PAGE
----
Job descriptions are among the first items that courts examine to determine the legitimacy of a discrimination charge. You can use them as part of a defense in court only it they are accurate and were prepared before the job was advertised or interviewing began. To ensure accuracy, talk to the people already doing the job and their supervisors. Here is what you need to find out
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JOB DESCRIPTIONS HOW TO MAKE THEM LAWSUIT PROOF
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You may be among the many employers that have dress and grooming rules for employees. That is fine as along as you allow for religion, race, disability and other protected statuses that may affect how employees comply with the rules. After that make sure supervisors do not make offhand snide comments about a particular employee's dress and grooming. It may be interpreted as racially hostile.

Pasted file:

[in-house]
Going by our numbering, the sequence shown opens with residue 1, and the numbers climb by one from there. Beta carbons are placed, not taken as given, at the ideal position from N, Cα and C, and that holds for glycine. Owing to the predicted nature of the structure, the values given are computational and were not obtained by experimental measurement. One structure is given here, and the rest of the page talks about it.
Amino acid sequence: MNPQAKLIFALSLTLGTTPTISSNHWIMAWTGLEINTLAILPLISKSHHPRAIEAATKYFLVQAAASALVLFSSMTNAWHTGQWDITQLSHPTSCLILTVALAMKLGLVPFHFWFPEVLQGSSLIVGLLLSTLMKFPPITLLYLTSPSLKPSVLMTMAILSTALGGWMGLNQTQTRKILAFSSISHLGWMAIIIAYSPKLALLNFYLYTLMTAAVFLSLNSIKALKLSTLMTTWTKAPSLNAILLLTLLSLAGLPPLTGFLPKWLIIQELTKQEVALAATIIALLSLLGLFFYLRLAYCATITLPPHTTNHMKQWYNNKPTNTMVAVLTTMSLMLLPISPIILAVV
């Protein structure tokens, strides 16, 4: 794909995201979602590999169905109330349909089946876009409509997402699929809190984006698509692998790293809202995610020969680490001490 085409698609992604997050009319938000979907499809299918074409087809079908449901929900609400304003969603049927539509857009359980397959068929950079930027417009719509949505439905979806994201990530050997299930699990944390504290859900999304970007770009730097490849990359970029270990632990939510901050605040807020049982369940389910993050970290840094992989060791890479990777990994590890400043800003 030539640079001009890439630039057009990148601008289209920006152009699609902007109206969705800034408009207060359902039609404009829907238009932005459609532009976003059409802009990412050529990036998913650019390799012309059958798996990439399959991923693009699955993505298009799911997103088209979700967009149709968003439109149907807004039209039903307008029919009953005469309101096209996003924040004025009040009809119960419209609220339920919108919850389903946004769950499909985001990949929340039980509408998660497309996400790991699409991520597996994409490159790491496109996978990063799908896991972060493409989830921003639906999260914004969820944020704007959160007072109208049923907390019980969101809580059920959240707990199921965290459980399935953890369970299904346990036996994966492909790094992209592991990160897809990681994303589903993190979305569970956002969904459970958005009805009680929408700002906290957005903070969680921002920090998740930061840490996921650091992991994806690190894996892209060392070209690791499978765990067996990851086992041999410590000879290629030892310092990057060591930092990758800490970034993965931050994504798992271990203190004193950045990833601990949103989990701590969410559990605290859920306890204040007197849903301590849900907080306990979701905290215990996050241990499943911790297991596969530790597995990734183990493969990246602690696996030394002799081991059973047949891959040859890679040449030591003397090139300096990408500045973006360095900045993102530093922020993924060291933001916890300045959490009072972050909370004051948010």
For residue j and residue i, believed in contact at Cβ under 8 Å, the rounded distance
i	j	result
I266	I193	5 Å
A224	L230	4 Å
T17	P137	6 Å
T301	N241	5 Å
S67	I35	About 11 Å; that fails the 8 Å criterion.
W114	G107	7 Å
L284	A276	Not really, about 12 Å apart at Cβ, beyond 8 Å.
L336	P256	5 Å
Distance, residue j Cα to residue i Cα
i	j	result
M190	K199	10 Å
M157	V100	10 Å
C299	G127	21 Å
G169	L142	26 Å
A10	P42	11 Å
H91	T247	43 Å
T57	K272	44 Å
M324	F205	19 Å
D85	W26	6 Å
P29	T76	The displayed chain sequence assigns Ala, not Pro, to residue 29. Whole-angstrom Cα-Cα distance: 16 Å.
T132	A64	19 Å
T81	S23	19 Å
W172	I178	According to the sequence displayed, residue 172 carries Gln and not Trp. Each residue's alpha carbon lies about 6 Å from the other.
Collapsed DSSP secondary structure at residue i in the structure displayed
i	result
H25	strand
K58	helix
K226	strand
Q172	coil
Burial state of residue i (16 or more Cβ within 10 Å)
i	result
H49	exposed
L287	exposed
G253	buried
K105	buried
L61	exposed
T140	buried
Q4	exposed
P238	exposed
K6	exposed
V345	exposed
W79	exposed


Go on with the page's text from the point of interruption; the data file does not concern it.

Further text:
Recent case: Shareefah, who is black, worked for a union as an organizer. While she was at the union's main office in Oakland, the union president looked at her hair and implying she had weaves, asked her twice "Did you buy your hair from the store on the corner?" A few days later at that office another employee asked about her hair. Shareefah claimed that after two incidents, supervisors began to criticize her work. One day, she was called into a meeting to discuss her alleged work deficiencies. She was wearing a Ralph Lauren shirt with the designer's polo logo. She claimed a manager made a recially offensive statement and criticized for wearing the shirt. He allegedly added that Shareefah could nt belong to a polo club or ride horses because she was not white. Soon after she was terminated, allegedly for exhausting FMLA leave and being absent. She sued, claiming she had been subjected to a racially hostile work enviroment based on the hair and shirt comments. The court agreed to send her case to trial.